I make plenty of mistakes, especially cooking mistakes. I go in ruts – so much so that sometimes I feel if Shakespeare were alive today he would seriously consider rewriting “A Comedy of Errors” as “A Kitchen of Errors” starring moi. I know I’m not a trained chef, unfortunately, and that blunders are bound to happen, but all the same I really wish I go through a long period of blindingly successful dishes. If for nothing else, it would keep my culinary spirits up and keep me cooking through those parched days of wanting nothing more than toast and jam or tomato soup.
Alas, those lean periods do occur, hence the gap in posts here from time to time. But hey, it happens to everybody in the blogging and home-cooking world, so I can accept that. What does bug me, however, are recipes that go really awry when they shouldn’t have.
Usually when I try a new recipe, I research the techniques involved and scour nearly a dozen variations to get a grasp of it all. For my throwdowns with Renee, this method is especially helpful; when we baked vanilla pound cakes, for example, I learned the importance of beating the butter and then the entire batter for up to 8 minutes each to turn it into velvety ribbons of rich goodness. Or, when we made tiramisu, I had to learn how to make a zabaglione. This is not only fun for me because I geniunely enjoy cooking, but also because I love to learn (nerd alert! nerd alert!). Overall, I just want to become a better cook.
Now, where was my mistake with the sweet potato gnocchi, you ask? Well, I was sorely tempted by a recipe for the little cuties in my October 2009 issue of Food & Wine, so – judging them to be a credible source of recipes, even though this will be my third straight failed meal of theirs, and short on additional time for preparation – I took a leap of faith. I’ve never made gnocchi before and have only eaten it twice, yet didn’t bother to do any research on the concept at all, short of skimming Garrett McCord’s recipe for sweet potato gnocchi over at Vanilla Garlic a week prior.
So, you can understand my frustration, in retrospect, when the gnocchi turned out to be a near disaster. If I had bothered to check even one other recipe with any degree of depth, I would have immediately spotted how ridiculous this Food & Wine version was. I won’t give the recipe here (for obvious reasons), but I will give the ratios. So, this is how NOT to make gnocchi:
- Bake 2 pounds of sweet potatoes (~4) for an hour at 400F, then scoop out and mash the flesh.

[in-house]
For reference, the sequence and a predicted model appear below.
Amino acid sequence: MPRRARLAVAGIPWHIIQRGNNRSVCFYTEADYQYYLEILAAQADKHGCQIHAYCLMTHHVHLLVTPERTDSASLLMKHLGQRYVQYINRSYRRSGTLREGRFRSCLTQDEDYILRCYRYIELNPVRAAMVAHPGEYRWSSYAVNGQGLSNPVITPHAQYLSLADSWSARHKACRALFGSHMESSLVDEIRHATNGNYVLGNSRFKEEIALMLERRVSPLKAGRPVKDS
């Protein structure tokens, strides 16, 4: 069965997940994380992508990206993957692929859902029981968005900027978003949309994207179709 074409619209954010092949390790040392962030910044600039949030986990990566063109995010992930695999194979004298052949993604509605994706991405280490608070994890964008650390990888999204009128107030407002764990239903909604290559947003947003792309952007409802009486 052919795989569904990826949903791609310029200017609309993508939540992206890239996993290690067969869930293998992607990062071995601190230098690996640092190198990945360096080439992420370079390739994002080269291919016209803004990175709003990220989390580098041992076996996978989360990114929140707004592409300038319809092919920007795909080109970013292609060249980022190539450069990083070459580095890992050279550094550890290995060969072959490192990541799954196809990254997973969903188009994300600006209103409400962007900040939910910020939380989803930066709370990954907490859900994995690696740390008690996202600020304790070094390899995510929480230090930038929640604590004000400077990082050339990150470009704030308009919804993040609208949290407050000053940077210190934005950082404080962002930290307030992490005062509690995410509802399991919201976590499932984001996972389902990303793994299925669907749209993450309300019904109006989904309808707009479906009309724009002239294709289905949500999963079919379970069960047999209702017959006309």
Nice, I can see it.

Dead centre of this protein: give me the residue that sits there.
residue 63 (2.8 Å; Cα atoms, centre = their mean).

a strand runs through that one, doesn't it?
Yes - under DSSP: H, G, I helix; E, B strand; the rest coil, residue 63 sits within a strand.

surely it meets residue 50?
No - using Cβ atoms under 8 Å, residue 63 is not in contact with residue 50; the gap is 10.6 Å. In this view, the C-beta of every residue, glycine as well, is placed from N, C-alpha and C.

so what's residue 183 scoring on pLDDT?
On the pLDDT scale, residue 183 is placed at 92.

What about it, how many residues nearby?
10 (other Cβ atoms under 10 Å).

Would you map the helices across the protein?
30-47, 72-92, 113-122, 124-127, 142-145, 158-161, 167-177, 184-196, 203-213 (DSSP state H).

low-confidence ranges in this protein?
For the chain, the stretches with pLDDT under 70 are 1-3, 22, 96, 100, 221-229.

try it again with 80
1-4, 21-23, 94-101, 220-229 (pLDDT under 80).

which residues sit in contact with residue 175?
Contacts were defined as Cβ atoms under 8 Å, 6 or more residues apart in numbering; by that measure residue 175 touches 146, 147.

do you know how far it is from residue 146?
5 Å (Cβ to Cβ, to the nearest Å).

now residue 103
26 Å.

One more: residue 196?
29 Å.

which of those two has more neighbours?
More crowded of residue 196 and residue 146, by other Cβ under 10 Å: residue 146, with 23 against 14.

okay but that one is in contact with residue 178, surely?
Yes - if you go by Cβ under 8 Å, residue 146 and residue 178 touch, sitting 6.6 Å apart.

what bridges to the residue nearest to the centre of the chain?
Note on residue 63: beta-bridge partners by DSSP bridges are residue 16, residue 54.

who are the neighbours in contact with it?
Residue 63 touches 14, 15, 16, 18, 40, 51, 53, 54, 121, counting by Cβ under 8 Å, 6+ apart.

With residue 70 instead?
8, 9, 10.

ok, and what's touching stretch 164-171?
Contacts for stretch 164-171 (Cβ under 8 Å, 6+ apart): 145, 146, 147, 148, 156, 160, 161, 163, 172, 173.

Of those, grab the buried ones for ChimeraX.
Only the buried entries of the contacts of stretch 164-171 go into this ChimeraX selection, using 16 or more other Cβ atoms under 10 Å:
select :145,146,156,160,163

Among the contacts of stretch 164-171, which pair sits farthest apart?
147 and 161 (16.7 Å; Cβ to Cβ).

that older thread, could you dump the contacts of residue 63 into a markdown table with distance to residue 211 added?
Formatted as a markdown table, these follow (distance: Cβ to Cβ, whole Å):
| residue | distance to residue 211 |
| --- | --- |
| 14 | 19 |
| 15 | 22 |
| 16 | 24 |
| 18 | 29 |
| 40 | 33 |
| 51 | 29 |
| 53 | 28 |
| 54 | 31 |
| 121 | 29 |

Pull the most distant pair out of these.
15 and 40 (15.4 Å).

- Mix in two egg yolks and a teaspoon of salt.
- Add in 1/2 a cup (just 1/2 of a cup!) of all-purpose flour.
- Attempt to knead the dough … then attempt to roll it into four ropes …
- Resist the urge to throw a temper tantrum.
- Get your wits about you and devise an alternate plan so as not to waste the dough (“dough”): form canelles with two spoons and drop into boiling water … remove to a parchment-lined baking sheet two minutes after the “gnocchi” float to the surface.
Aaaaand, that’s about how my dinner went. Now, I really, really wanted to end up with the traditional and cute fork tine-formed gnocchi, but the dough was just way to sticky to be able to form any kind of shape except the spooned canelles I ended up with. Obviously, they didn’t have enough flour! I wish I’d had enough gnocchi-making experience to recognize this; since then, every recipe I’ve looked at calls for around 1 1/2 cups of flour for 2 pounds of potatoes – big difference! At least these did taste good, although they were so soft they barely held their form when I lightly sautéed them in butter with scallions and crumbled bacon. The texture was almost what it was supposed to be, once I got through the mushy, almost slimy exterior … not really what you want to bite into!
At least there was bacon to salvage my effort … and the side salad that turned out great. It had fennel, so of course it was fine! I’m really into eating fennel and coleslaw lately (since unexpectedly biting into some tucked into a turkey wrap I gobbled at one of the Metropolitan Museum of Art’s cafés, then later as a side at The Waterwheel restaurant in Doylestown, PA, this summer), so here is yet another recipe for fennel and cabbage slaw. I can’t resist. This recipe is a keeper.
The gnocchi recipe? It’s crumbled up in my garbage can, where it belongs. Oh well – lesson learned!
Cabbage slaw with fennel and orange
- 1 bulb fennel, cut into quarters and thinly sliced (as thin as you can make it – 1/8″?)
- 1/2 to 1 bag cabbage mix (with carrots if you like, as I do), ratio to your taste
- 2 Tbsp chopped fennel fronds
- juice of 1/4 orange
- zest of 1 orange
- 3 Tbsp walnut oil
- 1 tsp white balsamic vinegar
- salt and freshly ground black pepper
Mix the fennel slices and cabbage together in a medium bowl. In a small bowl, whisk the orange juice, oil, and vinegar in until fairly well emulsified. Whisk in the orange zest, fennel fronds, salt, and pepper. Pour the vinaigrette over the fennel/cabbage and toss until the vegetables are evenly coated. Let the slaw rest for at least half an hour so the fennel and cabbage can soften.